I am listening these days to stories of how people and their churches are responding to the physical and emotional needs around them due to COVID-19. Every congregation is finding ways to help those around them who need food, assistance with their rent, connecting digitally or some other kind of accompaniment.
I am pleased to see that Mennonite Disaster Service (MDS) decided to make grants available to local congregations so that they can respond to those around them facing COVID-19 hardship. This is an intriguing decentralized distribution model, empowering local congregations to be the centre of response in this disaster. My own congregation received a grant. I love it.
I also listen to the 12 regional representatives of Mennonite World Conference (MWC) talk about the impact of COVID-19 in their countries, and how congregations around them are responding with whatever funds they can find in their own congregations. The reps speak constantly about the hunger all around due to lockdowns and loss of daily wages. They talk about churches identifying people who are not eligible for any minimal government assistance, in order to make sure they have some food. They talk about using their youth groups to deliver food packets to people in need, especially in countries that imposed lockdowns only on older people. I love it.
My policy-oriented mind starts to wonder about how the role of the church changes in different countries, depending on the role and capacity of the government. We are privileged to live in Canada, a country with a relatively generous government that has provided basic financial support to most people who lost their jobs due to COVID-19.
As I read through the list of the MDS-funded projects in Canada, I see that many are providing strategic assistance to people on the margins in Canadian society. Does the role of the church become smaller in a country that has a relatively generous government system of support?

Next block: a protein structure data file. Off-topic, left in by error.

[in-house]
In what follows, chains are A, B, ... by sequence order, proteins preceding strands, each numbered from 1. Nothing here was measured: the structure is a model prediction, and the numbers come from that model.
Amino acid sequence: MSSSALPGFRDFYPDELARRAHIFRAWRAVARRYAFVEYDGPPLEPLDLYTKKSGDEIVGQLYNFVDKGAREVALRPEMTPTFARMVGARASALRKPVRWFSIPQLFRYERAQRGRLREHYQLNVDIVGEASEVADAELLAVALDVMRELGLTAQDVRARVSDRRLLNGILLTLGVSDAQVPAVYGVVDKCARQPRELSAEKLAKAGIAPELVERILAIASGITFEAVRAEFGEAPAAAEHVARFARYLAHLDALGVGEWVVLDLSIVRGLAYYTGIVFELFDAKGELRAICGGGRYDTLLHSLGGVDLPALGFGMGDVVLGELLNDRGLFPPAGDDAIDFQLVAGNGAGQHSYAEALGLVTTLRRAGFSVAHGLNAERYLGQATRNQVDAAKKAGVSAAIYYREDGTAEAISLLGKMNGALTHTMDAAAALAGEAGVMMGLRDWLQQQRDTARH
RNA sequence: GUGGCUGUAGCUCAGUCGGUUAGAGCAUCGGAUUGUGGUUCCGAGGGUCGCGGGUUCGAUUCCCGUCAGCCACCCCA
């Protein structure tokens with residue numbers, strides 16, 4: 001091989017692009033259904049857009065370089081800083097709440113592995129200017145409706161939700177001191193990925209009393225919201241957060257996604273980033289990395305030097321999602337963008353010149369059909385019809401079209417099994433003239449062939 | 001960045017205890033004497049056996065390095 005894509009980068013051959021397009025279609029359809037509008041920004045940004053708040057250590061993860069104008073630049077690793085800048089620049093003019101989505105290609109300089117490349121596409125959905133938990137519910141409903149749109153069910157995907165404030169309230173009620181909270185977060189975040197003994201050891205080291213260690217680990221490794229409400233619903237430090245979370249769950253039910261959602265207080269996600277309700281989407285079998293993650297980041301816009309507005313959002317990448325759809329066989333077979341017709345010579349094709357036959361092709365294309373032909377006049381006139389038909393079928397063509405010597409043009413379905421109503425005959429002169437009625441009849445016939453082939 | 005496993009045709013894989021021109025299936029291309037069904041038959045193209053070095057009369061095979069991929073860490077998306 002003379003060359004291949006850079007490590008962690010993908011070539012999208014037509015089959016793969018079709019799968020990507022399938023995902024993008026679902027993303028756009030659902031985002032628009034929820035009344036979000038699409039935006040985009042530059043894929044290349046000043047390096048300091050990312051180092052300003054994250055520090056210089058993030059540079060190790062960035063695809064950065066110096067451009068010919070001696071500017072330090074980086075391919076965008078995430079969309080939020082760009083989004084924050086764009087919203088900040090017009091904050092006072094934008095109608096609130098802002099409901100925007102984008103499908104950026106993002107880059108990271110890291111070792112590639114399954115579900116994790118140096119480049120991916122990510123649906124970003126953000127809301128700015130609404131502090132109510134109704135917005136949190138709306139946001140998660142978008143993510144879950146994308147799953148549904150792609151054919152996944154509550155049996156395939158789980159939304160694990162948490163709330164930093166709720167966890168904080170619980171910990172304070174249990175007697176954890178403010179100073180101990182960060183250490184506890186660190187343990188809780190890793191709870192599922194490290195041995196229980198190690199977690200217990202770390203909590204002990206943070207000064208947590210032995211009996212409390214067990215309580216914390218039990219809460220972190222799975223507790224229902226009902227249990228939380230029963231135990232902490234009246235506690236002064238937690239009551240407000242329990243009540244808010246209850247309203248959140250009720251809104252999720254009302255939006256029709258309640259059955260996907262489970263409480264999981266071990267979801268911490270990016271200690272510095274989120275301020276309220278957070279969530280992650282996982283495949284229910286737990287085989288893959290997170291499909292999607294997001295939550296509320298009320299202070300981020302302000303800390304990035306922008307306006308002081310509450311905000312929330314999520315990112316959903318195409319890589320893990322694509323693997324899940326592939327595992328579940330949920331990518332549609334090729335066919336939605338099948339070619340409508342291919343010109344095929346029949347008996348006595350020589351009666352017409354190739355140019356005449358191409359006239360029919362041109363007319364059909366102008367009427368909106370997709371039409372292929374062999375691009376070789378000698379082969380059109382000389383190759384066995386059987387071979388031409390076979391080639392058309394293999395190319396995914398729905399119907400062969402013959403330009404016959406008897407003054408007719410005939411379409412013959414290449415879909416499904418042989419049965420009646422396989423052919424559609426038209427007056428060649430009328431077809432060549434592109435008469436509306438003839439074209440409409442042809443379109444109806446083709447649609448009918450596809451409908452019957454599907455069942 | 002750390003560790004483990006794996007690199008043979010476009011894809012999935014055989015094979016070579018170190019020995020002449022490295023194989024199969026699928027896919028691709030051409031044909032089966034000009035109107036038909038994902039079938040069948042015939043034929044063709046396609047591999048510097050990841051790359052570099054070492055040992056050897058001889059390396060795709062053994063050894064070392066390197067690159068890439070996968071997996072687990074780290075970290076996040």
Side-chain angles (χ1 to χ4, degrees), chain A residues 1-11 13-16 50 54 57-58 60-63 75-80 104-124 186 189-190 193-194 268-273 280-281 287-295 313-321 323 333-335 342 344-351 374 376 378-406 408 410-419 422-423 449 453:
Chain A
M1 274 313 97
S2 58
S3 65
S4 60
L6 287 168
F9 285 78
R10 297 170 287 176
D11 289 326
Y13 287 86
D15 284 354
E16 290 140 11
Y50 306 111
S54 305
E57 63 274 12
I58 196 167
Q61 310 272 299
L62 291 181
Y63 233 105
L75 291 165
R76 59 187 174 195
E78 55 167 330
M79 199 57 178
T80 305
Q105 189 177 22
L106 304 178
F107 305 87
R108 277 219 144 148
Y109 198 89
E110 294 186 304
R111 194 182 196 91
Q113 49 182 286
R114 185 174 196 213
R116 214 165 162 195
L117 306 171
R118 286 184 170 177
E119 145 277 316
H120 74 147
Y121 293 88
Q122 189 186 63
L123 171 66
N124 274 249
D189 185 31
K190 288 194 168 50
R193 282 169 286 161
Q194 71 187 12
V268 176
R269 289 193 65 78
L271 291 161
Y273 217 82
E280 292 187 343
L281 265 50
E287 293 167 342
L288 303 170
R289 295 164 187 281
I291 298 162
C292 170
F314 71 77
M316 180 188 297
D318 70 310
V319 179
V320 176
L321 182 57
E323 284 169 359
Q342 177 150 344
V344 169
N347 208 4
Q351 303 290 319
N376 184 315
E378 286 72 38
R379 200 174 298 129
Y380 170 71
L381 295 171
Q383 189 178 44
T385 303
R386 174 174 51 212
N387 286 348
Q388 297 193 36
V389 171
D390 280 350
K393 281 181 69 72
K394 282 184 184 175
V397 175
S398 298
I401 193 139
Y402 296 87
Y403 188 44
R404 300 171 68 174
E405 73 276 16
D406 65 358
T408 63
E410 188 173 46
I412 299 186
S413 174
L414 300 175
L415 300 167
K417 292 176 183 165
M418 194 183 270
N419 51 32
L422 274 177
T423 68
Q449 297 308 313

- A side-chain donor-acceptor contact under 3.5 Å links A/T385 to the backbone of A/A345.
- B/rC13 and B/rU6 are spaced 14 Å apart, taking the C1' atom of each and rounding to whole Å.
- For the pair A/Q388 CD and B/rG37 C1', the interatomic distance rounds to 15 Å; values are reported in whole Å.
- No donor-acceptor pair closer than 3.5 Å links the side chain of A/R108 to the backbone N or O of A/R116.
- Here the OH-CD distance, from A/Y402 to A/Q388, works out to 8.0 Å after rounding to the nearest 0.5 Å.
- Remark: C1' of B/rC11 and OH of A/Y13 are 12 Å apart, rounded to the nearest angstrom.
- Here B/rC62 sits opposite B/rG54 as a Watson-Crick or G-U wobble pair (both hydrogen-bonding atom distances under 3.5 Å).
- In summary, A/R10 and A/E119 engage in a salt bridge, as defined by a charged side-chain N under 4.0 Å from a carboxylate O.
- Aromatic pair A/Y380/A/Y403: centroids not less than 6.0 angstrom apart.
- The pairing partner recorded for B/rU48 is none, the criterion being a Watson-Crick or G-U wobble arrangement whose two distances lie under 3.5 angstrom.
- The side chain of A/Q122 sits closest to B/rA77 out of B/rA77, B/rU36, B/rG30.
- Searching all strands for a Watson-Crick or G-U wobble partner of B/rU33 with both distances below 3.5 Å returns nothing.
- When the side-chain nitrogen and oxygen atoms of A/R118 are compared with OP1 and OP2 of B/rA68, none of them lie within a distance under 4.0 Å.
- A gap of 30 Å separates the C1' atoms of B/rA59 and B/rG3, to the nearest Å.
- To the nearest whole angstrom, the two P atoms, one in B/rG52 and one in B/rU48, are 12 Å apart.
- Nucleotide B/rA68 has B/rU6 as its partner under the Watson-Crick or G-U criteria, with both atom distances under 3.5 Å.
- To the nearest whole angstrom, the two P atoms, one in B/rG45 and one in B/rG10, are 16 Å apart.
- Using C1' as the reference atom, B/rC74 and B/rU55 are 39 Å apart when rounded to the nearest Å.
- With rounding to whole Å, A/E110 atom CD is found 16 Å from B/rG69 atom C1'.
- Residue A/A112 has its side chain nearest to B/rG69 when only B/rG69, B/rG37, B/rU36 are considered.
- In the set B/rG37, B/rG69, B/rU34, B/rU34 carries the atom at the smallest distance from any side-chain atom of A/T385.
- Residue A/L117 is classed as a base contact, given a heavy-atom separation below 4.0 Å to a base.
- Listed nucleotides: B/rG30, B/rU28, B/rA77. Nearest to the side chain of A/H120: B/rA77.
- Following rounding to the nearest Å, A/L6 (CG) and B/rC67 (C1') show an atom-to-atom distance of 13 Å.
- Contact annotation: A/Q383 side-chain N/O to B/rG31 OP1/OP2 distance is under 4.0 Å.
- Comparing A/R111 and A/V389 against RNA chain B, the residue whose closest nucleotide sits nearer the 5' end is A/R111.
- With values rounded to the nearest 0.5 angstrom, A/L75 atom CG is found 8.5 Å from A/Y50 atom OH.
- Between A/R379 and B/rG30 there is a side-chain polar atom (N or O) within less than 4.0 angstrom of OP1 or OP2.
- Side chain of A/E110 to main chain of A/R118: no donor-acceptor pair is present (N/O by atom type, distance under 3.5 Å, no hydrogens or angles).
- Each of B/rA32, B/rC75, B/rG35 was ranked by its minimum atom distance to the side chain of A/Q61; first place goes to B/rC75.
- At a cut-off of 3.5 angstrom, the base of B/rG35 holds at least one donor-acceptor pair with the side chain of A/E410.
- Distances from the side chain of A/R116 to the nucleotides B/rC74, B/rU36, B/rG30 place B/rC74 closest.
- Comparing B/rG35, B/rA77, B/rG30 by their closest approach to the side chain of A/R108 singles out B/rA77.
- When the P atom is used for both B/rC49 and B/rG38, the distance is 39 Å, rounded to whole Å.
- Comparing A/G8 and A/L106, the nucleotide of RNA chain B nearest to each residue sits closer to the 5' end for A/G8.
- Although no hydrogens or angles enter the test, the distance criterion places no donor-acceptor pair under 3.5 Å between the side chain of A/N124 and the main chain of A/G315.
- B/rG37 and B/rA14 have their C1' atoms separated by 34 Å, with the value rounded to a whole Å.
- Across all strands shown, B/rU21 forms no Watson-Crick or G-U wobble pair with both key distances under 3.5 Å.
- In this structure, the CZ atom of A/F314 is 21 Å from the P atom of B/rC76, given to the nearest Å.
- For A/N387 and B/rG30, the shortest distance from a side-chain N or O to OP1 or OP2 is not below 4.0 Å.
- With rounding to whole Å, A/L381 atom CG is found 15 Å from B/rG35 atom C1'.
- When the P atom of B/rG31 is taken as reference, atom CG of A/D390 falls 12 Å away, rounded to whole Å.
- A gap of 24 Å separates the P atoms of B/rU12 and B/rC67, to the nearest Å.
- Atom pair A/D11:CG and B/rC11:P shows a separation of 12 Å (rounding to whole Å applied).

MWC has created a COVID-19 Fund that is supported collaboratively by the North American Anabaptist mission and service agencies, and some of the national and European churches, including Mennonite Church Canada.
As Siaka Traoré of Burkina Faso says, “This fund is the Body of Christ responding to the challenge of our generation, to do what we can do in celebrating and mobilizing our global communion.” Like the Spirit of MDS Fund in Canada, these grants go to Global South churches, so that they can respond to the needs around them.
The MWC COVID-19 Fund has already run out of funds, after approving 27 projects in the Global South—27 projects from a total of 49 countries and about 85 national member churches. This fund has not gone very far to help the churches in what they are already doing.
César García, MWC’s general secretary, did a rough calculation of funds being made available by North American Anabaptist agencies to Anabaptist churches for local responses. He found that about 55 percent of that funding has been made available to North American churches, and about 45 percent has been made available to Global South churches. Canada and U.S. member churches constitute about 17 percent of the total MWC membership. Is this funding distribution appropriate?
I know, we respond to needs that have names and faces, in our own churches and communities. The impact of COVID-19 is heavy on our hearts, our lives and our own communities. The impact is even heavier in the Global South, where governments are smaller and churches carry bigger roles. How might we help those churches do even more?
Arli Klassen is a member of First Mennonite Church, Kitchener, Ont., and a staff member at Mennonite World Conference.